National coat of arms (State crest)
The national coat of arms, also known as the state crest, symbolises Singapore as a self-governing and independent state. Like the national flag, the state crest was designed by a committee headed by then Deputy Prime Minister Toh Chin Chye.1 Singapore’s state crest consists of a red shield bearing a white crescent moon and five white stars, supported by a lion and a tiger. Below the shield is a banner inscribed with “Majulah Singapura” (Malay for “Onward Singapore”).2 The state crest was launched on 3 December 1959 at the installation of Yusof bin Ishak as the Yang di-Pertuan Negara (Head of State).3
The state crest consists of a shield emblazoned with a white crescent moon and five white stars on a red background. Below the shield is a banner with the words “Majulah Singapura”. Supporting the shield are a lion on the left and a tiger on the right.4
The colour red symbolises universal brotherhood and equality of man, while white signifies pervading and everlasting purity and virtue. The crescent moon signifies a country eternally young, and the five stars represent the ideals of Singapore – democracy, peace, progress, justice and equality. The lion represents Singapore, while the tiger symbolises the close economic and political ties between Singapore and the then Federation of Malaya.5
Immediately after Singapore gained self-government in 1959, then Prime Minister Lee Kuan Yew assigned the task of designing the state flag and state crest to a committee headed by Toh.6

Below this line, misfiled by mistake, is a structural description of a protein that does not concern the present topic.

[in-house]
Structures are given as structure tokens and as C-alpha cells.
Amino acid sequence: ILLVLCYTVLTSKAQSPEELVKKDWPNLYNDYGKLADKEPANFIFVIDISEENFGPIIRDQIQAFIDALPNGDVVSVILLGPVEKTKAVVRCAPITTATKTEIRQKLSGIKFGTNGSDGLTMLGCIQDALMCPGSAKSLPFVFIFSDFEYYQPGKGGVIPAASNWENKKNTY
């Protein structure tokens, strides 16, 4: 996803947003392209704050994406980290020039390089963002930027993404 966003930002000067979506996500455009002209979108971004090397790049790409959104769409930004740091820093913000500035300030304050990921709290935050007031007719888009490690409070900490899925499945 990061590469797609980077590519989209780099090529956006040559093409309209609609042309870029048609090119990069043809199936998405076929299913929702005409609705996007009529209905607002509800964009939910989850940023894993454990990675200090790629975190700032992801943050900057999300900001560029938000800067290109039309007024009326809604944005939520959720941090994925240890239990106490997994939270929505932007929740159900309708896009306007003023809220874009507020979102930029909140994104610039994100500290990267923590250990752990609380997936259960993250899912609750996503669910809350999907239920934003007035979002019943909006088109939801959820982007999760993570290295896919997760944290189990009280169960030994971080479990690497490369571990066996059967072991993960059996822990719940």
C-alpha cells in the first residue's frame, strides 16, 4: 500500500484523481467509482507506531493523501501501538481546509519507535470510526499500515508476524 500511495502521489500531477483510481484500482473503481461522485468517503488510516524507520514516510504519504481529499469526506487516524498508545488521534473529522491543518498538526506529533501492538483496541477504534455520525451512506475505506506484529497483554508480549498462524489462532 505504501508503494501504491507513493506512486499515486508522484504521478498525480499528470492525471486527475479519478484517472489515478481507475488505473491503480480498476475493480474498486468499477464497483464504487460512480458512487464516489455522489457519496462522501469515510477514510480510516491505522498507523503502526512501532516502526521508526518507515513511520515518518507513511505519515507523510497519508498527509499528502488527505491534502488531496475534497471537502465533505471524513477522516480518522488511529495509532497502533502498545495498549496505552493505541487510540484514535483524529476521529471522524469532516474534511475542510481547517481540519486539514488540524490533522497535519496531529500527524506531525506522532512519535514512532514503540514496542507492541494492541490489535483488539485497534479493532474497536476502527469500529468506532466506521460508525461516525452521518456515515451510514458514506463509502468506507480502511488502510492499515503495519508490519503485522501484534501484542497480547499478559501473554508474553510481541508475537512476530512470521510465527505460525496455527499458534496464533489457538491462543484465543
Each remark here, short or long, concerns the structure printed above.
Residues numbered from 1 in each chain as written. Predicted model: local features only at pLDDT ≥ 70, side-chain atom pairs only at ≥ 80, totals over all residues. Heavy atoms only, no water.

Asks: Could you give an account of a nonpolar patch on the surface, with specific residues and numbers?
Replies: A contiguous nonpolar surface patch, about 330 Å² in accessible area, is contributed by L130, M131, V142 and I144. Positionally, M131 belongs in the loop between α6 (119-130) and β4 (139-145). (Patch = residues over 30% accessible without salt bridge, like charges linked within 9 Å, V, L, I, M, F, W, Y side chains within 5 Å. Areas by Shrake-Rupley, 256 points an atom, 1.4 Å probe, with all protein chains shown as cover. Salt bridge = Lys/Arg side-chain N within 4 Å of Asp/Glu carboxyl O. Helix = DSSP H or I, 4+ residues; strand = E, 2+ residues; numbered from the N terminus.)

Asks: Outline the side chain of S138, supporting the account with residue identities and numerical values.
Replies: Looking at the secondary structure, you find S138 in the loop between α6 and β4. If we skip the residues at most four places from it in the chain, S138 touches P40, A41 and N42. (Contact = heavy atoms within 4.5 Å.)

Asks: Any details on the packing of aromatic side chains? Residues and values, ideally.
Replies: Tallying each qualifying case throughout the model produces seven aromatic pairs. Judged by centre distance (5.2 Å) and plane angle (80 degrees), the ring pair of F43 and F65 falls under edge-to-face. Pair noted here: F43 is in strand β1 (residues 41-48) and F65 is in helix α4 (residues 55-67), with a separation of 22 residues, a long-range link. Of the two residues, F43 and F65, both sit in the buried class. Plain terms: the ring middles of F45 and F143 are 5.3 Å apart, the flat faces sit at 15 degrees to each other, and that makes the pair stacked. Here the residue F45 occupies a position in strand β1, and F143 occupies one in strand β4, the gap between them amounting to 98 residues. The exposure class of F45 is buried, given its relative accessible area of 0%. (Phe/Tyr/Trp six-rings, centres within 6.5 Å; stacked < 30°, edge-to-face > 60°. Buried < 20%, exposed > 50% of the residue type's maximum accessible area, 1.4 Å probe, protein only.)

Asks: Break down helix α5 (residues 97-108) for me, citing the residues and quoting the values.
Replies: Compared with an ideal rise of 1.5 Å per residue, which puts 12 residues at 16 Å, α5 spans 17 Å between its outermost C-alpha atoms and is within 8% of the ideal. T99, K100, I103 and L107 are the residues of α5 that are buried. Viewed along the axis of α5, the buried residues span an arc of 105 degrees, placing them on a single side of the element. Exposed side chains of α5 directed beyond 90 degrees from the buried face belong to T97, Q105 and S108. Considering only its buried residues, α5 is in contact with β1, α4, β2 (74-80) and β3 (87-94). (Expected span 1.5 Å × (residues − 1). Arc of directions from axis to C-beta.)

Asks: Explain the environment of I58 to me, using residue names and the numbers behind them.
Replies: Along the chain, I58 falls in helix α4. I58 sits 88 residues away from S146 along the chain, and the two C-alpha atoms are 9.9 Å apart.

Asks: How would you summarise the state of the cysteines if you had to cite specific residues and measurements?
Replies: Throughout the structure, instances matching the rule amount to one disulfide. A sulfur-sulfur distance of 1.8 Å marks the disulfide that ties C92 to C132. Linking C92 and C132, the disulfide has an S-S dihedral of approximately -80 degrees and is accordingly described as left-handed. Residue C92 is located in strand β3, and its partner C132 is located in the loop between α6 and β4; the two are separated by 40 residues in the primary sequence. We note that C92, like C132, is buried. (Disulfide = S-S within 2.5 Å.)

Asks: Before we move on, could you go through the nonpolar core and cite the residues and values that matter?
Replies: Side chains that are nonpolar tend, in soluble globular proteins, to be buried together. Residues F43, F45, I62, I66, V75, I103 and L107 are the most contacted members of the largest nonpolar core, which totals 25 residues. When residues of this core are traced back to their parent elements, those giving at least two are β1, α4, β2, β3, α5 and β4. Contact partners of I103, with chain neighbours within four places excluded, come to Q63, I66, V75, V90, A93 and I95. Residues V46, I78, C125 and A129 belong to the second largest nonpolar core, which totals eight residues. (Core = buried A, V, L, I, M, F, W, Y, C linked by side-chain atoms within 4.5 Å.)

Toh wanted the national symbols to portray the unique identity of Singapore – the unity of a multiracial and multicultural country. With this foremost in his mind, Toh and his committee completed the design of the state flag and state crest in two months.7
The bill for the state crest, national flag and national anthem was moved by then Minister for Culture S. Rajaratnam and approved by the State Assembly in November 1959.8 The national symbols were unveiled on 3 December 1959 during the installation of Yusof bin Ishak as the Yang di-Pertuan Negara of Singapore at the City Hall Chambers.9
Guidelines on the use of the state crest
The National Heritage Board oversees the guidelines for usage of the symbol.
The guidelines are as follows:10
1. The use of the state crest for advertisements or any other commercial purpose is prohibited by law. Only government bodies may display the state crest within their premises. Approval must be sought for any other use of the state crest.
2. The state crest must be treated with respect and be displayed in a dignified manner.
1. “No Conflict, Clear-Cut Symbol of Unity,” Straits Times, 9 August 1981, 13. (From NewspaperSG)
2. Singapore. Legislative Assembly, State Arms and Flag and National Anthem of the State of Singapore, Singapore. Legislative Assembly new series no. 2 (Singapore: [s.n.], 1959). (Call no. RSING 929.8 SIN)
3. “Singapore Rejoices,” Straits Times, 4 December 1959, 1. (From NewspaperSG)
4. Singapore. Legislative Assembly, State Arms and Flag.
5. Singapore. Legislative Assembly, Singapore State Arms and Flag and National Anthem Bill, vol. 11 of Debates: Official Report, 11 November 1959, cols. 740–741 (Call no. RSING 328.5957 SIN); Singapore. Legislative Assembly, State Arms and Flag.
6. “No Conflict, Clear-Cut Symbol of Unity.”
7. “No Conflict, Clear-Cut Symbol of Unity,”
8. Singapore Legislative Assembly, Singapore State Arms and Flag, col. 739.
9. “Singapore Rejoices.”
10. “National Coat of Arms,” National Heritage Board, last updated 5 August 2021.
The information in this article is valid as at 2016 and correct as far as we can ascertain from our sources. It is not intended to be an exhaustive or complete history of the subject. Please contact the library for further reading materials on the topic.
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